The Cannibal in the Morgue

A Tasty Short Tale of Revenge

The paramedics flopped the disfigured body awkwardly onto the examination table, chuckling and yapping rudely about the damage the steering wheel had inflicted on her misshapen fake breasts.

Dr. Marcus Arilio shooed the obnoxious paramedics out of his morgue. Such vile attitudes toward auto accident victims, indeed any victim, was not to be tolerated.

To an untrained eye, the cause of her death might appear obvious. After all, if your car slams into a brick wall at 90 MPH, you’re very likely to die. However, an accident like that also raises questions. Detective Famalo ordered the autopsy of Marta Skyksamenski immediately.

Once the door had sealed behind the paramedics, Dr. Arilio began his work. His hands moved automatically, positioning the body on the table correctly, snipping quickly to remove the bloodied clothing, and drawing samples of bodily fluids.

His magnifying glass moved meticulously, scrutinizing every inch of the poor naked woman. With nothing more than Detective Famalo’s “something feels off, I don’t think that this is just an accident,” to work from, Dr. Arilio committed to being extra thorough.

He wheeled the instruments of his trade next to the body, selecting his favorite scalpel to begin.

“Perfect,” he mouthed as he ran his left hand over the mangled body.

The song of his scalpel sang its opening lines, followed by a odious symphony of savaging instruments, bone saw, forceps, scissors, and the like. Organs extracted and weighed, more samples collected, as each step of the process meticulously dictated into the microphone hanging from the ceiling.

Detective Famalo gagged gratingly as she walked into the morgue glaring at him. “Smells like hell itself in here,” she proclaimed while attempting to suppress a cough. “And you look like the devil himself. You are the sloppiest butcher I have ever seen.”

Dr. Arilio looked down at his scrubs, chuckling to himself at the unknown irony in her words. Blood and bits of the woman formed grotesque patterns where the various power instruments had scattered them. His sleeves were coated black almost to the elbows from blood and bodily fluids.

“We’ll know for sure when the lab results come back,” Dr. Arilio announced tritely as he tried to brush some of the drying bits from his chest, “Everything here points to massive blunt force trauma with the damage to the head, the likely immediate cause of death.”

Detective Famalo turned and rushed to the door, “Let me know when you have the lab results and clean this place up.”

Dr. Arilio followed her, but only to the door. When he was certain she was gone, he opened the door and looked down the long hospital basement corridor. Empty.

He peeled off his latex gloves and picked up his large gym bag. The stench of sweat made his nose scrunch as he dug beneath his damp, musty workout clothes. The soft-sided cooler fit perfectly snug in the bottom of the bag and had more than enough room if he didn’t get too greedy.

He carefully carved a small, fist-sized chunk of muscle from the woman’s mangled thigh, removed her entire left bicep, and carefully dissected what could become two perfect roasts from her hindquarters. One of the kidneys and the liver joined the muscles inside the cooler. He returned to his official duties and replaced all the other organs in her body, except for the heart.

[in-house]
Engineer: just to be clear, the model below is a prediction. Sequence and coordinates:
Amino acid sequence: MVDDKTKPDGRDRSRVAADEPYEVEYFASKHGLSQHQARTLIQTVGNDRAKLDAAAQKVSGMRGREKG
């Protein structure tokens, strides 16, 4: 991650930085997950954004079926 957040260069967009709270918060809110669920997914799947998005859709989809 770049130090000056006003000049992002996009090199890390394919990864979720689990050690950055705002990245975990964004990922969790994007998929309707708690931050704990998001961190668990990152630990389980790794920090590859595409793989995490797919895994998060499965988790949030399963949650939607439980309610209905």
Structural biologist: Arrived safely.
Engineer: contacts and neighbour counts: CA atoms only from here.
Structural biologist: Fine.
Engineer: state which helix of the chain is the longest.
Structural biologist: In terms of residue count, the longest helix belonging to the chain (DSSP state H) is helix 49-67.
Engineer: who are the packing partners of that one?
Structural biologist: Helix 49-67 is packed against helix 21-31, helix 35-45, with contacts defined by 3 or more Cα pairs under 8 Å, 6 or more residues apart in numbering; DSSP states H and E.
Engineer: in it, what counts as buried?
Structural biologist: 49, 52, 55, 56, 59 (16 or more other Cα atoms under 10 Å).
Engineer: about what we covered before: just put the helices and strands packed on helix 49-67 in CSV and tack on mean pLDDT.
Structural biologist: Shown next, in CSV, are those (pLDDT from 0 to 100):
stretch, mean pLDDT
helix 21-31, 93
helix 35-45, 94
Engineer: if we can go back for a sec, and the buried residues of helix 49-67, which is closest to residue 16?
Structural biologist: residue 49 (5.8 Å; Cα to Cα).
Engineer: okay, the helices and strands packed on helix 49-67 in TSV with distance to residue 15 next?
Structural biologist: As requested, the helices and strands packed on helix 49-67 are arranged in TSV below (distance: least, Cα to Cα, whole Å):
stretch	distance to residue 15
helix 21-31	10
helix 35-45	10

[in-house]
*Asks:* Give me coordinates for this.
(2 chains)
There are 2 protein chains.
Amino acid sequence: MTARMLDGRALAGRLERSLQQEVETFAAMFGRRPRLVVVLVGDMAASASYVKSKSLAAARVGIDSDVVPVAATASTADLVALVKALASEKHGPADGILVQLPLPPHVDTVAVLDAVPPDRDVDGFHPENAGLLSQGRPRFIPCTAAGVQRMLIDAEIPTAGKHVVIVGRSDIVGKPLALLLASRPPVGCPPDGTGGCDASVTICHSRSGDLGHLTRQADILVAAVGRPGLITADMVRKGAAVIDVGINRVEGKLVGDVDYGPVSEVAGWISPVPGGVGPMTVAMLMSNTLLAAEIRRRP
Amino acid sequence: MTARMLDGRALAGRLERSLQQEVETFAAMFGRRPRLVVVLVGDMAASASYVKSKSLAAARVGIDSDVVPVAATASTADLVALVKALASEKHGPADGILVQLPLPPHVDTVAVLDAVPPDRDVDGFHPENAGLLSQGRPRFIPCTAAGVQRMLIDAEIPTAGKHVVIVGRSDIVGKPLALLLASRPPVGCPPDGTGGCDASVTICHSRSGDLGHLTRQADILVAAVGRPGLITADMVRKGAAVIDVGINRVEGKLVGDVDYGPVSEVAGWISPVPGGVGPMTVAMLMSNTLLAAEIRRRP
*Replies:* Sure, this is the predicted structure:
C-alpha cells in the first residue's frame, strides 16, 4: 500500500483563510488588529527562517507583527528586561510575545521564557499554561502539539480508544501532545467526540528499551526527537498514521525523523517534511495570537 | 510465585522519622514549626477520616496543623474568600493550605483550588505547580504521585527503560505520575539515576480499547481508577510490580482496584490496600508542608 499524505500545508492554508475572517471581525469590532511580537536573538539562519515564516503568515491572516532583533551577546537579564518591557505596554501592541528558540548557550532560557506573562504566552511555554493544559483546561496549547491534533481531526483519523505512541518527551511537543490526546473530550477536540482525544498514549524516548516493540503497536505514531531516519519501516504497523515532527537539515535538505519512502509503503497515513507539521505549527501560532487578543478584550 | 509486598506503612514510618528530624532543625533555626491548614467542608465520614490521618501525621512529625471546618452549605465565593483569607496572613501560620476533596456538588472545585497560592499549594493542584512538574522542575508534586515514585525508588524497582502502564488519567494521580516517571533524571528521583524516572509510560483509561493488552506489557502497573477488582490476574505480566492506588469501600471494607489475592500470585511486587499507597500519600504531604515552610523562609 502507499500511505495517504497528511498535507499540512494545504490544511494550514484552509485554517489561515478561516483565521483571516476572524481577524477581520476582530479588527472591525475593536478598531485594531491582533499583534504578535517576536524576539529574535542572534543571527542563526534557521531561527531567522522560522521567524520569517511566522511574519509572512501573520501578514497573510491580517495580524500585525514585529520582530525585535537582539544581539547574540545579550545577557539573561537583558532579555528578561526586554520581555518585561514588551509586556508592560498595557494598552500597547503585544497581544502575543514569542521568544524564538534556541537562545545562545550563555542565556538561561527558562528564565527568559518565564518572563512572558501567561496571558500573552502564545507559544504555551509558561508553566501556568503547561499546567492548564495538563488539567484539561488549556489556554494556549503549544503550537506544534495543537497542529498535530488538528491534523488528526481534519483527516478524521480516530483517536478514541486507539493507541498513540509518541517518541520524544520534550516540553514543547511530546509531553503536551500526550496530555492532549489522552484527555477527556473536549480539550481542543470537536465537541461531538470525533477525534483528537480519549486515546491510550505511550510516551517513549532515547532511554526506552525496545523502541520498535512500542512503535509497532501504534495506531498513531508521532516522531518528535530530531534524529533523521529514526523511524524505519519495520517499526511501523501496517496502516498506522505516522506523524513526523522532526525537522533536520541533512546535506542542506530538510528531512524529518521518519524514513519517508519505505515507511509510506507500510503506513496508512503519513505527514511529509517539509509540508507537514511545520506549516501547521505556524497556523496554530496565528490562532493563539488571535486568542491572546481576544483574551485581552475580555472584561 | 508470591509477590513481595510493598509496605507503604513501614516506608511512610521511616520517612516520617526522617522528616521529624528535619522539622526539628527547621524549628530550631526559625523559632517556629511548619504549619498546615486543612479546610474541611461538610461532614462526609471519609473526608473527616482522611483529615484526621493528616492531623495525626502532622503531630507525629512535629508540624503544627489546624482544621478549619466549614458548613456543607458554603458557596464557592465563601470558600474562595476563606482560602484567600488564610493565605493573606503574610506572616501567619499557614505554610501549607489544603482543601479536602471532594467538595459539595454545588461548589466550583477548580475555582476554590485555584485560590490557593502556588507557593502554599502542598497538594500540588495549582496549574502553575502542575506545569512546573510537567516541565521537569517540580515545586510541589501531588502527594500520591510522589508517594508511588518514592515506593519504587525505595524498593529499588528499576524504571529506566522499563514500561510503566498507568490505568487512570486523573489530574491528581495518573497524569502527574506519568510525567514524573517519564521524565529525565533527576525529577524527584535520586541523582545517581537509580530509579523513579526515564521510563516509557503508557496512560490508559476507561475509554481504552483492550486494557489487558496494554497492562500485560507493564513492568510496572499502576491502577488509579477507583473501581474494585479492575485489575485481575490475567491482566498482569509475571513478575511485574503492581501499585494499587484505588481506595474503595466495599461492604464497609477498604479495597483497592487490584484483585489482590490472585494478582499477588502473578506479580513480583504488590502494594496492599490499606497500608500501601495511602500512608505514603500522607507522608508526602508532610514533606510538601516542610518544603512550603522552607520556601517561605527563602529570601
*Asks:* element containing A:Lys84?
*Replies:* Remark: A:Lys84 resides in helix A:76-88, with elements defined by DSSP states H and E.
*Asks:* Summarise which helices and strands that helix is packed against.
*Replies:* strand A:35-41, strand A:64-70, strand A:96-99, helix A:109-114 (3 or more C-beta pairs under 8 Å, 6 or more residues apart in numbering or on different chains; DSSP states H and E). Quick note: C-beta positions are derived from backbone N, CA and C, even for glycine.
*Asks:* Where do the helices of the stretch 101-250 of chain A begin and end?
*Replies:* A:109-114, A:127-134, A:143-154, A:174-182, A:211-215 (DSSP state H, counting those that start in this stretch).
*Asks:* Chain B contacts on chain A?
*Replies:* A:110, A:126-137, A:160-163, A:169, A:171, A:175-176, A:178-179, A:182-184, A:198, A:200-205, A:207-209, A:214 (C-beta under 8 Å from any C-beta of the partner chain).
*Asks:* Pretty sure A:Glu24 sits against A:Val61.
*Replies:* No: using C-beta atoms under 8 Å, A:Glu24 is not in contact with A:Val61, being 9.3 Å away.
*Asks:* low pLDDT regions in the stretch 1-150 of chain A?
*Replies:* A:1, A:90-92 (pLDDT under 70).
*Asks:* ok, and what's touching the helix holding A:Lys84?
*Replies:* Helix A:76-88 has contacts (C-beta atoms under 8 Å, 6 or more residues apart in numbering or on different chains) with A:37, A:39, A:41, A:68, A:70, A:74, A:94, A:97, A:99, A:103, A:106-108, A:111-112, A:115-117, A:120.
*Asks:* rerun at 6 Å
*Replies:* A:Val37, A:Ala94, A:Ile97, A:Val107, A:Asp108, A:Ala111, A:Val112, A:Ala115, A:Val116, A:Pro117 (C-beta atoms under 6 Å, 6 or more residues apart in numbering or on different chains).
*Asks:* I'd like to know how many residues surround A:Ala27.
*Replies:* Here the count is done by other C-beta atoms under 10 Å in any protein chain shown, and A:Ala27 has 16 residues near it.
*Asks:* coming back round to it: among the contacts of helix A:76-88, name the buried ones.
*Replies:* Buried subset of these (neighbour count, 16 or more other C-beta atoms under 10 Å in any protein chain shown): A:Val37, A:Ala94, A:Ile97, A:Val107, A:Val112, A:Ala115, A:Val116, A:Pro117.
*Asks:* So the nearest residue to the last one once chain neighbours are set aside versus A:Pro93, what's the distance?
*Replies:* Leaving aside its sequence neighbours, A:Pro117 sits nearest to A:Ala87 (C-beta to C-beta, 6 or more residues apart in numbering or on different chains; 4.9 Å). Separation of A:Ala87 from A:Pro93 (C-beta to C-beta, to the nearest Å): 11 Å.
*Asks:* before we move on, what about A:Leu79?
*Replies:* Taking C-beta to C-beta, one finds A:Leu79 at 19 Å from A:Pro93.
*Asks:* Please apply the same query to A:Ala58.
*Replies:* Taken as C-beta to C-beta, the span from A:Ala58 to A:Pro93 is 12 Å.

The woman’s heart was gorgeous, thought Dr. Arilio if such a thing can be said about a heart. He’d never tried heart before; there’s a first for everything. He packed it into the cooler gingerly and replaced the cooler in the bottom of his gym bag.

Clumps of gauze and other pliable trash were replaced for missing muscle. His overly pristine stitches closed the lacerations hiding any evidence that elements from the inside were missing. It didn’t matter that much. A closed casket or cremation was more than likely, so the risk was minimal and acceptable.


“Chianti or a maybe nice Merlot,” pondered the doctor out loud absentmindedly as he made his way slowly down the wine aisle. The vegetables, baguette and oyster sauce were already in his cart.

“Vegetarian or vegan,” asked the colorfully-dressed, lanky woman as her spindly hands poked at the cash register.

He stared at the unevenly stained, hand-crocheted Rasta sack of a hat she’d chosen to hid her greasy, unkempt hair. “I’m a butcher,” he replied in a monotone voice, “I get my meat from a very select source.”

“Whatever, man,” the wannabe-hippy cashier replied as she handed him his receipt.

He became more and more agitated by that grocery store clerk as he drove home. What nerve she had to insinuate anything negative about someone who eats meat, especially a discerning gastronome such as himself. He noted to himself to complain to the manager on his next shopping trip.

Upon returning to his drab, nondescript house buried in a sea of interchangeable tract homes, Dr. Arilio donned a black, masculine apron and began unpacking his groceries from his shopping back and his freshly carved indulgences from his gym bag’s hidden cooler.